The year 2018 was historic in the context of abortion, with the referendum in Ireland in May overwhelmingly asserting legal reform. Following this, in June, millions of Argentineans stormed the streets in support of a Bill to legalise abortion in the first 14 weeks of pregnancy. Unfortunately, however, the Bill was defeated by a very narrow margin by the Senate, disregarding the tremendous public support for it.
The waves of green created by the green bandanas by the people of Argentina, remains a symbol of resistance and a strengthened movement for the right to abortion in the country as well as globally.
The PHM stands in solidarity with ongoing struggles and campaigns around the world and reiterates its commitment to sustained advocacy for the access to safe, quality and legal abortion as well as respectful treatment of women accessing abortion by providers. Recognition of the right to safe quality abortion as a human right of all women and girls is urgent and necessary towards fulfilling the rights to their health and lives.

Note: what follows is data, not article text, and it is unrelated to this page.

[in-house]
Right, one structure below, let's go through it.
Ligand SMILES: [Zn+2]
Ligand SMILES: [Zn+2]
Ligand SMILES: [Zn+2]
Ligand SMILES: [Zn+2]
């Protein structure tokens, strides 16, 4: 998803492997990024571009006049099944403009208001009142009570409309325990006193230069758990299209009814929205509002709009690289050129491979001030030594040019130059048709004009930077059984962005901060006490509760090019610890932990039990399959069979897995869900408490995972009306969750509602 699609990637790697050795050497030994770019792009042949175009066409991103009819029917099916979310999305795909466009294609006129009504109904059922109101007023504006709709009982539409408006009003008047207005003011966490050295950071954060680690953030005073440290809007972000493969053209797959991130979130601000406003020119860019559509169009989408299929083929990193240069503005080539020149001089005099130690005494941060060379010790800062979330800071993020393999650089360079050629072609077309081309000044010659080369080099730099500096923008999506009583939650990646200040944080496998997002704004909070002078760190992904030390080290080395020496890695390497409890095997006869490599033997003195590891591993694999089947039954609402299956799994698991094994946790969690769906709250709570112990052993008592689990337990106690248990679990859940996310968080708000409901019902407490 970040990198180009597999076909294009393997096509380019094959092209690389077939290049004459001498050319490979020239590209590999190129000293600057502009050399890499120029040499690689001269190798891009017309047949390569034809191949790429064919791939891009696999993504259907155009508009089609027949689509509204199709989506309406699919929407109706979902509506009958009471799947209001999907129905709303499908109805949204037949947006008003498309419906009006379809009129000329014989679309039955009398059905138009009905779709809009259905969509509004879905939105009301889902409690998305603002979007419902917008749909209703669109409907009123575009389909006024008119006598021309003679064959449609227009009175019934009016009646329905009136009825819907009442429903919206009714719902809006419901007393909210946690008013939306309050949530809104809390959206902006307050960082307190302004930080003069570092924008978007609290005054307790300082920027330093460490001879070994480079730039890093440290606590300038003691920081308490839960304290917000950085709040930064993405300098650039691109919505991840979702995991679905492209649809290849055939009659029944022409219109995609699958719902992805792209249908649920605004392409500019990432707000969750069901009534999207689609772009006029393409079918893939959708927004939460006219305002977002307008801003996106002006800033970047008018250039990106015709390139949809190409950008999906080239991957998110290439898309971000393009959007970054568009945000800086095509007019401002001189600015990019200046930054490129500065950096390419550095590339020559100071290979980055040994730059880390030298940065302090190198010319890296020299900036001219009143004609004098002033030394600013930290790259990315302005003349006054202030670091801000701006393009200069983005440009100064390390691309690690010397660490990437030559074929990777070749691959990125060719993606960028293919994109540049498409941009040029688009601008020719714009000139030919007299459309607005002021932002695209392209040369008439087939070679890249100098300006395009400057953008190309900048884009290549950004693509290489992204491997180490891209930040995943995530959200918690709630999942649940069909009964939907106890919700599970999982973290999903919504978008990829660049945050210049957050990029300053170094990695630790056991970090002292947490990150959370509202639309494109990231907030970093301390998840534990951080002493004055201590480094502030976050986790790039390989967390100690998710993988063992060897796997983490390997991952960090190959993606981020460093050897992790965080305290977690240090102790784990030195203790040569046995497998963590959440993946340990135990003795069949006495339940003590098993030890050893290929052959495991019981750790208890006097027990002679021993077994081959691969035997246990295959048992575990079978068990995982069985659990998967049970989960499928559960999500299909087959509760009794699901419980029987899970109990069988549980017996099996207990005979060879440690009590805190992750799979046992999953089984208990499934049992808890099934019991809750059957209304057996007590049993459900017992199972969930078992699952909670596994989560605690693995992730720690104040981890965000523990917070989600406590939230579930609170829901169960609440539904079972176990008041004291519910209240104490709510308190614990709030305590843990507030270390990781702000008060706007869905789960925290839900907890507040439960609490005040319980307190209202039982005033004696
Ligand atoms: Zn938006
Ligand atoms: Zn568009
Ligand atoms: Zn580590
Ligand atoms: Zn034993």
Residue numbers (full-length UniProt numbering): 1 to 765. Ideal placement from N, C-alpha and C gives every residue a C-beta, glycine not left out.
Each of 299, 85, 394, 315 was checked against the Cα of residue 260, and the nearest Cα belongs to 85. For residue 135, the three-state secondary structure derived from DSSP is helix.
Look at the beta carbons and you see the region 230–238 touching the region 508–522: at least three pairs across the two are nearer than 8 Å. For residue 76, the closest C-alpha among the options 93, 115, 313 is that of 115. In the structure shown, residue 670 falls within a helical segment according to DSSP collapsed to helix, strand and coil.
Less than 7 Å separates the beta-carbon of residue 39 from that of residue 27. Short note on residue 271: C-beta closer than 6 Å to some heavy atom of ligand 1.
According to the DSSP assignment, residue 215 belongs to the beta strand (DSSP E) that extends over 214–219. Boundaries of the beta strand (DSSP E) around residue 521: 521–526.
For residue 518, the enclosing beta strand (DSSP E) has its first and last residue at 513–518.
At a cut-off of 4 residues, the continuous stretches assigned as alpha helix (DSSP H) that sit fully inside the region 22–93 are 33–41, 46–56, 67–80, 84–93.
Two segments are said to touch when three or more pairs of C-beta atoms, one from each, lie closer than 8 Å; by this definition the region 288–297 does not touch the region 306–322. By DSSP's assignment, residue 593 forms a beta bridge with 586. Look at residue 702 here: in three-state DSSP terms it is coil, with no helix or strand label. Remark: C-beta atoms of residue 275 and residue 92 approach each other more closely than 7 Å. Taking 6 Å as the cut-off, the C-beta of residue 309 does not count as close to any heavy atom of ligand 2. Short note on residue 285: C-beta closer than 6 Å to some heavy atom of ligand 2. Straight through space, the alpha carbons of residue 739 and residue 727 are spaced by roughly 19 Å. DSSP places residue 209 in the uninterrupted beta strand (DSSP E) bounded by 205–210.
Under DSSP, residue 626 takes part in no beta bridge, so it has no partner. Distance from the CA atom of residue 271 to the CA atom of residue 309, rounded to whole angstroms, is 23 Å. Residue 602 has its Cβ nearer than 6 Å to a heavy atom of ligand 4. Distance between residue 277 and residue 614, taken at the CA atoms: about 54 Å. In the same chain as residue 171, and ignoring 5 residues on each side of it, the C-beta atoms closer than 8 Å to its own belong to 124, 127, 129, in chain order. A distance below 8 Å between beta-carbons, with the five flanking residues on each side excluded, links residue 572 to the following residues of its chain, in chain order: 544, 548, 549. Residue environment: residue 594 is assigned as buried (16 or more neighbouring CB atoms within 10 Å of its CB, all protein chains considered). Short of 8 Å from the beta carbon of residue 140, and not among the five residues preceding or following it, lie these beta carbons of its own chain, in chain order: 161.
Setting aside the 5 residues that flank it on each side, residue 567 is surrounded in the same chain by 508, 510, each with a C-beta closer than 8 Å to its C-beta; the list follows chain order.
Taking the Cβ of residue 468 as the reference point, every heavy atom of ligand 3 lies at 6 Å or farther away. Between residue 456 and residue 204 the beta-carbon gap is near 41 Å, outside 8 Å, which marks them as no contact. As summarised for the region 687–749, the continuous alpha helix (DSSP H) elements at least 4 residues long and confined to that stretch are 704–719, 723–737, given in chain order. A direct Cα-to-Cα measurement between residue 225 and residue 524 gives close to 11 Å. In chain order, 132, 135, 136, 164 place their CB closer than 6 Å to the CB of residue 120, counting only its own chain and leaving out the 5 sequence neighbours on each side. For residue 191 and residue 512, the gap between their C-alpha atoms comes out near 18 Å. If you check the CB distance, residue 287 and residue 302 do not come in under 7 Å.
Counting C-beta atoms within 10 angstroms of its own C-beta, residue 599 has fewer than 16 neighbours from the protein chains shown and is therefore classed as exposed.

Contact: Sarojini Nadimpally & Deepa V on behalf of PHM Gender Justice and Health Rights Thematic Circle (Sarojini at phmovement.org)
Susheela Singh et al (2017) Abortion Worldwide 2017, Uneven Progress Unequal Access, Guttmacher Institute.
Nadimpally, S. et al (2017)India’s abortion wars, Deccan Chronicle, 16 April 2017.
Ganatra, B. et al. (2017) Global, regional, and subregional classification of abortions by safety, 2010–14: estimates from a Bayesian hierarchical model, Lancet. Available at
ARROW for Change (2018) The Right to Choose, Vol 24, No. 1 2018. ARROW
World Health Organisation (2011) Unsafe abortion: global and regional estimates of the incidence of unsafe abortion and associated mortality in 2008. — 6th ed.